Ratpack tends to stay out of the way when building out functionality so there are times you may make classes that use RxJava and Guice without anything from Ratpack. But there is one caveat during testing, if you are using RxJava in a unit test without any Ratpack integration that will work just fine. As soon as there is another test in the same execution that uses Ratpacks integration (ratpack.dependency("rx")) with RxJava such as a functional test you will start seeing the following error in the standard out:

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java.lang.IllegalStateException: Cannot install RxJava integration because another execution hook (class rx.plugins.RxJavaObservableExecutionHookDefault) is already installed
  at ratpack.rx.RxRatpack.initialize(RxRatpack.java:101) ~[ratpack-rx-1.1.0.jar:na]
  at ratpack.rx.RxRatpack$initialize$0.call(Unknown Source) ~[na:na]
  at org.codehaus.groovy.runtime.callsite.CallSiteArray.defaultCall(CallSiteArray.java:48) [groovy-all-2.4.4.jar:2.4.4]
  at org.codehaus.groovy.runtime.callsite.AbstractCallSite.call(AbstractCallSite.java:113) [groovy-all-2.4.4.jar:2.4.4]
  at org.codehaus.groovy.runtime.callsite.AbstractCallSite.call(AbstractCallSite.java:117) [groovy-all-2.4.4.jar:2.4.4]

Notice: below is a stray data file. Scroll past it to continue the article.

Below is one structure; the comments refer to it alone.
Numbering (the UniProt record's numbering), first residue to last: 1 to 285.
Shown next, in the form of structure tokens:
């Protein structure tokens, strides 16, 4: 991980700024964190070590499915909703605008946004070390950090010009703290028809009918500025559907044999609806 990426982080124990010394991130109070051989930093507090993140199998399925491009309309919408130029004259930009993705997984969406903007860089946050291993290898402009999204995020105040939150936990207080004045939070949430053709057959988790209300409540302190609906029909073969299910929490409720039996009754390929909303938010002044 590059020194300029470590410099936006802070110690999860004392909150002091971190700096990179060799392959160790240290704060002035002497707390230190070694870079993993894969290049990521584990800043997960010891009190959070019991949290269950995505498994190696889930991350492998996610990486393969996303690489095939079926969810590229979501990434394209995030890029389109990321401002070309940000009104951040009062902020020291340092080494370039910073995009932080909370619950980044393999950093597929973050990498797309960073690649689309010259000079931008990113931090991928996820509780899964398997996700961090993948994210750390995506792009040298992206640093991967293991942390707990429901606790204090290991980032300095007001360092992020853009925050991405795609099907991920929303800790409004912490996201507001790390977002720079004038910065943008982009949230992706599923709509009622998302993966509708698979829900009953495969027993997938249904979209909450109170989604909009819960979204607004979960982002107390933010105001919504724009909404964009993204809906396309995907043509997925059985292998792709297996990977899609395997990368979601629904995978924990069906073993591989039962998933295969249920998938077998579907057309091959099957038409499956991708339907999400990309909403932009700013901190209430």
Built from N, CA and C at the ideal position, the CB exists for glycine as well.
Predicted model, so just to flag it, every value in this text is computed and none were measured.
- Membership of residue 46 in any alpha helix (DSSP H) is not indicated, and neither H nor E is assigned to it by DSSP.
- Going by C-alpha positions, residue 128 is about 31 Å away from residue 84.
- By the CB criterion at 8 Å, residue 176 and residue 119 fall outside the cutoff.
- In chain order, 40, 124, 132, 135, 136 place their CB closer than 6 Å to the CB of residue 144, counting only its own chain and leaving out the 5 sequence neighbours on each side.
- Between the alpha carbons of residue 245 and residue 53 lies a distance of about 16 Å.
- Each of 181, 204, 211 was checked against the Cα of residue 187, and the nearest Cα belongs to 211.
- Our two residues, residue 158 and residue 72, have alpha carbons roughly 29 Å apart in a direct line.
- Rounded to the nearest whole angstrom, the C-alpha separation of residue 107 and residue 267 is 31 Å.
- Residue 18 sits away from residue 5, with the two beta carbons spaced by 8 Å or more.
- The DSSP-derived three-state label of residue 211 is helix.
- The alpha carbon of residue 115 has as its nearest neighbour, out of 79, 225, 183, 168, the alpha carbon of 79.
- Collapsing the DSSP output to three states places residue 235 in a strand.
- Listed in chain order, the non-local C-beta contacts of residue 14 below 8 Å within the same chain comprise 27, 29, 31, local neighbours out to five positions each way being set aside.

Many of your functional tests will start failing with very unpredictable results. What is happening is any use of RxJava that runs before the Ratpacks integration will set up an execution hook meaning the strong guarantees about execution Ratpack provides will not be available leading to unpredictable behavior. This is an easy fix for the test, we just need Ratpack to setup the hook in these other tests we can simply add the following to a Spock spec:

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import ratpack.rx.RxRatpack

def setupSpec() {
  RxRatpack.initialize()
}

The same initialize can be used in your favorite testing tools, it just needs to happen before the tests are run once and thats what setupSpec gives us in Spock.

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